Stop invalidating women’s issues


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Graphic of a shadow of a man silencing a distraught woman by shushing her.

Ally Formeller, Columnist

Since the founding of the United States, women’s rights have been argued against, politicized, ignored and invalidated. Even in the 21st century, women’s rights seem to be backsliding, and it’s increasingly frustrating to see. 

When women first demanded the right to vote, which was well before 1920, their peers in society felt it was unreasonable to even ask. While the times were changing and women began to have more freedoms, they were still largely expected to act according to traditional values and norms. 

Despite the expectation to be submissive, doting housewives, women did something that at the time was unthinkable: They fought back. 

Women like Ida B. Wells and Lucy Burns led the masses in forming petitions, marching and raising funds for their suffrage. They demanded to be taken seriously and gained the right to vote because of it.  

The 1960s and ‘70s saw the rise of the second wave of feminism, in which women primarily sought equal opportunities within the workplace. Gloria Steinem and Bella Abzug were only two of the many women pushing women’s issues to the forefront of the national conversation, which was clearly not focused on women’s rights at the time. 

Enter Cecily Strong, a comedian in clown makeup. 

She’s not the face of the fourth wave of feminism, or even necessarily a women’s rights activist. But she’s faced the same problems that many women before her have faced: invalidation and frustration surrounding debates on women’s rights.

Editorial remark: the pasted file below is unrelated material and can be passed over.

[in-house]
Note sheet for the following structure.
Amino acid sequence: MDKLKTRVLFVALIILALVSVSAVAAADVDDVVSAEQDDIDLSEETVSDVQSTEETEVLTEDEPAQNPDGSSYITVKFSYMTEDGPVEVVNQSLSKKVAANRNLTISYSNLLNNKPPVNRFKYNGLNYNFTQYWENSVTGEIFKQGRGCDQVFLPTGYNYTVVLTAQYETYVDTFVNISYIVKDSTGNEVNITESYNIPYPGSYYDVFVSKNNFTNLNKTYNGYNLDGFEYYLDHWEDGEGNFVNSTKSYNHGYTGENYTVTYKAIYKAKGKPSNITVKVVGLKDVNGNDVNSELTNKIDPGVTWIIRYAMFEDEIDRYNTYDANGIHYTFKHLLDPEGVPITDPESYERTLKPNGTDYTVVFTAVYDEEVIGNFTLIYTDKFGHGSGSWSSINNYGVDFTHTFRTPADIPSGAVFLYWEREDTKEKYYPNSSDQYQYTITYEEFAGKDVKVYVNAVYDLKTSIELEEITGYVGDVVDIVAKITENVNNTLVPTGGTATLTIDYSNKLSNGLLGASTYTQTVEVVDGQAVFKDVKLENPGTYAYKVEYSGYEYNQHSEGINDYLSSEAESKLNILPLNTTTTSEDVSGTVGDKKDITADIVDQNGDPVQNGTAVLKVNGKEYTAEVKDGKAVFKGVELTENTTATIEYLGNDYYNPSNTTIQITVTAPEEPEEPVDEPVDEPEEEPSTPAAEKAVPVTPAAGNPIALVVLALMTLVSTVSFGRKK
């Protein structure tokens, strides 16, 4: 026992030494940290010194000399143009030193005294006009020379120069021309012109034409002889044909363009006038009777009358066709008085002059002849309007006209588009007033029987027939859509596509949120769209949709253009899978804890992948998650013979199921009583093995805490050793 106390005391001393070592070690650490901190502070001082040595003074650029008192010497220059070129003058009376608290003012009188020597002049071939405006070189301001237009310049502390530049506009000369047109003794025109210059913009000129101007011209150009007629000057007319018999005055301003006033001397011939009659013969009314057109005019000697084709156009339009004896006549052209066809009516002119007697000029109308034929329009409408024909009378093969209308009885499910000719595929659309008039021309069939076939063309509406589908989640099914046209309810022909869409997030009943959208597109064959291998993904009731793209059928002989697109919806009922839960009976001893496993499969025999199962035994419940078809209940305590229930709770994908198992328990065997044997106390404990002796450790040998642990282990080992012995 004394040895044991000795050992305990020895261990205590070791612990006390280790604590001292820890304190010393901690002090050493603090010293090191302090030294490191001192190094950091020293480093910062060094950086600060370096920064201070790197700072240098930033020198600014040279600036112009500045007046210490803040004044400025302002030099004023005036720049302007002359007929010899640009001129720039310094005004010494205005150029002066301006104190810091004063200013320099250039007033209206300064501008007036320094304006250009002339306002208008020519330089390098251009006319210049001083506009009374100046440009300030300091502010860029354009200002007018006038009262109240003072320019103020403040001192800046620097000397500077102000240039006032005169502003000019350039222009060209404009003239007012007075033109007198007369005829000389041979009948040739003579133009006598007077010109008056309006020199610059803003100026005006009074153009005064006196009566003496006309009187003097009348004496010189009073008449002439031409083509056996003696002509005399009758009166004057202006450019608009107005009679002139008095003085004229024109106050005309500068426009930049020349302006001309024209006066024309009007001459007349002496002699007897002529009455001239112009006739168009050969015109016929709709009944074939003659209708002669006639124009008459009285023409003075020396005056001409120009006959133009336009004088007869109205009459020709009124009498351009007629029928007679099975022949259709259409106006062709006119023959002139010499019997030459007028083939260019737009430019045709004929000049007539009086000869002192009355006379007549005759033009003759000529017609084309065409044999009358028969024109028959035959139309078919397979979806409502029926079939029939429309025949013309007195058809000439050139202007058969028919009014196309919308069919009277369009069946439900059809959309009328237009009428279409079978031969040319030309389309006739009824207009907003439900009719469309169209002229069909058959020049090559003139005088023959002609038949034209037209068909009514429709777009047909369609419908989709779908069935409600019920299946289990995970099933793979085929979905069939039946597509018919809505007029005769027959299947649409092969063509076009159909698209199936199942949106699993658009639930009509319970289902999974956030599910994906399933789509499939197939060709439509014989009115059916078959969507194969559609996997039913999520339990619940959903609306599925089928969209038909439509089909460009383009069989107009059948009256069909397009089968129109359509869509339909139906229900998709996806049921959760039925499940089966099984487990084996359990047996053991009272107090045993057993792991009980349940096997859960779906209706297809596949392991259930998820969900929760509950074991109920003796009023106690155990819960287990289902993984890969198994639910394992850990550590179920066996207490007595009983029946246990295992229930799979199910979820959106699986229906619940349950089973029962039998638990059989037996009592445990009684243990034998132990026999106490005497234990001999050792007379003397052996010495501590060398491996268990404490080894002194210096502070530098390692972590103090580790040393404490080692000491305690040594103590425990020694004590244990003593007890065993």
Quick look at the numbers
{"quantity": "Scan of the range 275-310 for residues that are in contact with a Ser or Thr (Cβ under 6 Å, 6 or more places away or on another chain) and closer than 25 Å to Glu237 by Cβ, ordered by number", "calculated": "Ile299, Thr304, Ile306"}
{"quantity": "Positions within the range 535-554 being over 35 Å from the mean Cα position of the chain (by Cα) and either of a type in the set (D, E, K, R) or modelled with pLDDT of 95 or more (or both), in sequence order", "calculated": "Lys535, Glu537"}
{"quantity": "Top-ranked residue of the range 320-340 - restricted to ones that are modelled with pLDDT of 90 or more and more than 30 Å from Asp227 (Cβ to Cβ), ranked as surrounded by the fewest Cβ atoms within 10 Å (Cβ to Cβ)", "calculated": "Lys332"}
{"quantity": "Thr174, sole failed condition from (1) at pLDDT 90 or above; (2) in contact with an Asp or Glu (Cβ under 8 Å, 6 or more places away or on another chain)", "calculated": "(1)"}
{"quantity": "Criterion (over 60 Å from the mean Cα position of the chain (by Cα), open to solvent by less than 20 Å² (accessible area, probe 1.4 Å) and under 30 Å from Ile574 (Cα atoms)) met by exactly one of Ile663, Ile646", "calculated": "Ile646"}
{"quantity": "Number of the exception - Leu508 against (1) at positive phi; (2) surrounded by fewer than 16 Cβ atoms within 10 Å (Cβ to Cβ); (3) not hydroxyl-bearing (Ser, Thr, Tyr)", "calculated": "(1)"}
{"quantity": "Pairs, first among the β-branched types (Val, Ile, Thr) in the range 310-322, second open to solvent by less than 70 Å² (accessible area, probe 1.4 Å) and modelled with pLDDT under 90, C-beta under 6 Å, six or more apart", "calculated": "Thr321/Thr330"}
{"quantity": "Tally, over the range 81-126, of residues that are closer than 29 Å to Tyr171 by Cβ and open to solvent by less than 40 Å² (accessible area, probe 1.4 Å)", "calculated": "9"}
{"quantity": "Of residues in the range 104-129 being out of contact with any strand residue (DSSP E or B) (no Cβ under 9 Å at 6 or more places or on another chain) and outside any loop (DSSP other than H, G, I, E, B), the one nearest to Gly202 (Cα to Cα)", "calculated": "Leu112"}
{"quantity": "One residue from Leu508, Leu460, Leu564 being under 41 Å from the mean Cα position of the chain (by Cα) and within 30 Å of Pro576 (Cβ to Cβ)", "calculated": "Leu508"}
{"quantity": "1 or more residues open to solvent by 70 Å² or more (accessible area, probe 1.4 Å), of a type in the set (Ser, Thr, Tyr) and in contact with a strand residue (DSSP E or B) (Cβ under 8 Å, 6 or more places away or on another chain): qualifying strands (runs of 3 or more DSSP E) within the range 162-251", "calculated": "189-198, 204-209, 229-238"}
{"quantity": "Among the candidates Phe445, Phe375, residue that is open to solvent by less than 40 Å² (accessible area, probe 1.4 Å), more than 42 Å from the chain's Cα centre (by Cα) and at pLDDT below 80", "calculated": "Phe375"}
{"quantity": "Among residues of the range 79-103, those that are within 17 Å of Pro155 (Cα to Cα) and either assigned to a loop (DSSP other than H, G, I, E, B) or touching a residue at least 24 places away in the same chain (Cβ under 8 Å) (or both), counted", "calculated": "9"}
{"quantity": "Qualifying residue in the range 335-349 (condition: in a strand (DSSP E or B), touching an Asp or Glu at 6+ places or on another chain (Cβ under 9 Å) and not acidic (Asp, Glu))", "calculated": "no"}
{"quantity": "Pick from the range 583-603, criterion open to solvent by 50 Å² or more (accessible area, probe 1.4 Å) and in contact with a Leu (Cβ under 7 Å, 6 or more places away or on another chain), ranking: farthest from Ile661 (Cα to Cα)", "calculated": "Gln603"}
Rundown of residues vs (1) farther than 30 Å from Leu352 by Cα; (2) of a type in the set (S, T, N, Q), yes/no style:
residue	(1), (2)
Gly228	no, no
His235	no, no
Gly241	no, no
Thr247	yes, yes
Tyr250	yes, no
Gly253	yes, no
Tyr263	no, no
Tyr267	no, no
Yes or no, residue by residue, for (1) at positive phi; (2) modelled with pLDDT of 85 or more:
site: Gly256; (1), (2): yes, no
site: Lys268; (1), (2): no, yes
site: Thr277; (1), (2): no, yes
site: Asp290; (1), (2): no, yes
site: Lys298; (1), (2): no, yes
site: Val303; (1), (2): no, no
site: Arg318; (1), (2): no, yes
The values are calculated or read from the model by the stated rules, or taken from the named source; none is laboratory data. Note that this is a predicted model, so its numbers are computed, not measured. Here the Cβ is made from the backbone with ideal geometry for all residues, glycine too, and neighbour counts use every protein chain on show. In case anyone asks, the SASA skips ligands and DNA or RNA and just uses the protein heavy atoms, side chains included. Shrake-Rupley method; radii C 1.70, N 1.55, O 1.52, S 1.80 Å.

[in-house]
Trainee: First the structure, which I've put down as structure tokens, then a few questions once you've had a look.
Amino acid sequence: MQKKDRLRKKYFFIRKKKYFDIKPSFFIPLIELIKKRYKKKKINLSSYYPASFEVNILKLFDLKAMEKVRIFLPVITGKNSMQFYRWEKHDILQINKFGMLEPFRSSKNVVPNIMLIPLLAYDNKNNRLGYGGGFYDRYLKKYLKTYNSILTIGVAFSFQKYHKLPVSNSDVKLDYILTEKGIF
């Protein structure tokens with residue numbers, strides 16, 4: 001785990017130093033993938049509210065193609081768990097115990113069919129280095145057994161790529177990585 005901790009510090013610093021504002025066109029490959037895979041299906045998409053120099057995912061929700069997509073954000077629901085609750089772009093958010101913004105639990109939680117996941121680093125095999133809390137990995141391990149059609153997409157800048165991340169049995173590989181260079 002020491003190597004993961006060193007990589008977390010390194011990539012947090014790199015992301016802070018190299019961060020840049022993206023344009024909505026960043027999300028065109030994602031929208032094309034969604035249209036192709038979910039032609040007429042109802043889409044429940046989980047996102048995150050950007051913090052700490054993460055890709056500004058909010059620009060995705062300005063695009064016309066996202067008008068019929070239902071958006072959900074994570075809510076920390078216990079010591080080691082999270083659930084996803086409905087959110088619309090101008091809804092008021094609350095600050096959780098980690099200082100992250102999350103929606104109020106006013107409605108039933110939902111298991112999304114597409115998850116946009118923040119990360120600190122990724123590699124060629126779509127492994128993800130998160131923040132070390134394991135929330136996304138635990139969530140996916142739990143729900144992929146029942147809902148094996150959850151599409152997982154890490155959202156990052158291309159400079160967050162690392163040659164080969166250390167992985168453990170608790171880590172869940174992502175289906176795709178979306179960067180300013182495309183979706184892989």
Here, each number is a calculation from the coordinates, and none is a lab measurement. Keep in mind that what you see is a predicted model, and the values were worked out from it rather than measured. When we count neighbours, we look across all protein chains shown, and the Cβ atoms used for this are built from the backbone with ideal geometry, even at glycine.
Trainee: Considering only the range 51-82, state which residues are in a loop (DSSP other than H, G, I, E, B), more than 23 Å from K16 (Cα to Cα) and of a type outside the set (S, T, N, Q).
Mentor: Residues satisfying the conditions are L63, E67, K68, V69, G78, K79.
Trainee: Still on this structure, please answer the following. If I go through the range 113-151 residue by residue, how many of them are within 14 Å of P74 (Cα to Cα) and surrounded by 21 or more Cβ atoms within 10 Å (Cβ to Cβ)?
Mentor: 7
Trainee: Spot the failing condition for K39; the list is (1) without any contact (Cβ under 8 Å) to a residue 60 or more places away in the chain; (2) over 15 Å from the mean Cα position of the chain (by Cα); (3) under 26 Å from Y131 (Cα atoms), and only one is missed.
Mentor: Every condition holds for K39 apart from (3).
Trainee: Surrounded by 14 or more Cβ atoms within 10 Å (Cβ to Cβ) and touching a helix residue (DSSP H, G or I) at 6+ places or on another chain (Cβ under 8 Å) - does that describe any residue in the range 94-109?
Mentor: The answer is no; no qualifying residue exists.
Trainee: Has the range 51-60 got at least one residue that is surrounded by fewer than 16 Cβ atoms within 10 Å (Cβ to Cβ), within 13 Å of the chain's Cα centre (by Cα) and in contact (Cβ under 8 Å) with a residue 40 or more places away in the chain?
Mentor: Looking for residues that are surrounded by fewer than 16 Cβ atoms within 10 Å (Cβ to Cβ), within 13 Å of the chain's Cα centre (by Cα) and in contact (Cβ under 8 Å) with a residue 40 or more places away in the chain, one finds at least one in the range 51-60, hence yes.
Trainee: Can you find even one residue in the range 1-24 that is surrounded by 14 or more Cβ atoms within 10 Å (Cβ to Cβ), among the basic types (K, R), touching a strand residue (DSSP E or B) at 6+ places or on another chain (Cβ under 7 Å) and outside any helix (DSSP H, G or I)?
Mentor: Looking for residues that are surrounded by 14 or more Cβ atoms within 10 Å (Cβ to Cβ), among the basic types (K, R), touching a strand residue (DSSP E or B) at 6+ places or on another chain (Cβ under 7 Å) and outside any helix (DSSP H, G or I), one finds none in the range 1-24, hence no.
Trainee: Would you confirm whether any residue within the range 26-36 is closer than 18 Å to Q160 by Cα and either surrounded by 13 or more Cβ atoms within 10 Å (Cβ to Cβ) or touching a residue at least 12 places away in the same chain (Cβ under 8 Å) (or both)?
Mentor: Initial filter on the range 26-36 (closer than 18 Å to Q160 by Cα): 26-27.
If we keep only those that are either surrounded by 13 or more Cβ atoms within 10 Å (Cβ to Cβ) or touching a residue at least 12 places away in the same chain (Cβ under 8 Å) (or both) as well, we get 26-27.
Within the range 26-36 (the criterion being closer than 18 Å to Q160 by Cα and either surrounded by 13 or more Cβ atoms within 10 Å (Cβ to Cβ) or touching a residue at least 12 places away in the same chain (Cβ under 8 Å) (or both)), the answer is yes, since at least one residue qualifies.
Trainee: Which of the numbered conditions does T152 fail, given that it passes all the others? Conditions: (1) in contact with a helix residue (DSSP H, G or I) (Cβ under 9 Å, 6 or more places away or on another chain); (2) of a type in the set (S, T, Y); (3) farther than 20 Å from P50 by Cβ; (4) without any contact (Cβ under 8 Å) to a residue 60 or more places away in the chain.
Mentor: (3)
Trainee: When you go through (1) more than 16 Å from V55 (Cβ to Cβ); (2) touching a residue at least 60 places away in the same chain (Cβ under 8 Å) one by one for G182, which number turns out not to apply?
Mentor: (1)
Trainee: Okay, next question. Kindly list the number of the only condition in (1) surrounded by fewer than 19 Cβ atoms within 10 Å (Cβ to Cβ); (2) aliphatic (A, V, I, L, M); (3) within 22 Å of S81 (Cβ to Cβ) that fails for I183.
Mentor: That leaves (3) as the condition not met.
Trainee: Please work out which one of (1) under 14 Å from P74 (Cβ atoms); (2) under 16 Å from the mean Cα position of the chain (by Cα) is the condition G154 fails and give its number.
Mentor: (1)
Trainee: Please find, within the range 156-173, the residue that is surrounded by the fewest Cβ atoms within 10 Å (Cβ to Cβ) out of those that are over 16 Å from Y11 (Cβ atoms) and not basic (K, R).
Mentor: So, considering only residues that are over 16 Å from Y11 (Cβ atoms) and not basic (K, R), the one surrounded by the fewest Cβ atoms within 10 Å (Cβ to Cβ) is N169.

On the Nov. 6 edition of Saturday Night Live’s ‘Weekend Update’ sketch, Cecily Strong spoke out about her own experiences with abortion two months after Texas legislature commenced a bill banning abortion in the state.

“Actually, I really don’t (want to talk about abortion), but people keep bringing it up, so I gotta keep talking about freaking abortion,” she said in the sketch. “It’s a rough subject, so we’re gonna do fun clown stuff to make it more palatable.” 

This is exactly the point; women often have to soften their voices and underplay their issues and experiences in order to not make anyone uncomfortable. 

But these things do happen, whether it be workplace inequality, sexual harassment or abortion, and it is uncomfortable. I know from experience.

Strong’s sketch quickly made waves on social media, with commenters saying that SNL is no longer funny, and that ‘woke culture’ has ruined comedy.

And the sketch certainly played into that trope — it wasn’t meant to be a blatantly funny sketch. Her frustration at the way abortion is branded onto women like a scarlet letter is justified. More than that, it’s relatable. 

The tension builds throughout the sketch, but the discomfort adds to Strong’s argument that women’s rights, abortion in this case, need to be taken seriously. Without access to safe, legal abortions, a bunch of dead clowns could end up in a dark alley, she jokes. It’s uncomfortable and kind of absurd, but it’s the reality that many women face.

As a woman, it’s frustrating to have to debate why I should have rights. Women deserve the right to proper healthcare; women deserve the right to equal treatment in the workplace; women deserve the right to not be sexually harassed. Women shouldn’t have to go undercover to report on unfair working conditions or dress up as a clown to talk about women’s rights. We should just be listened to.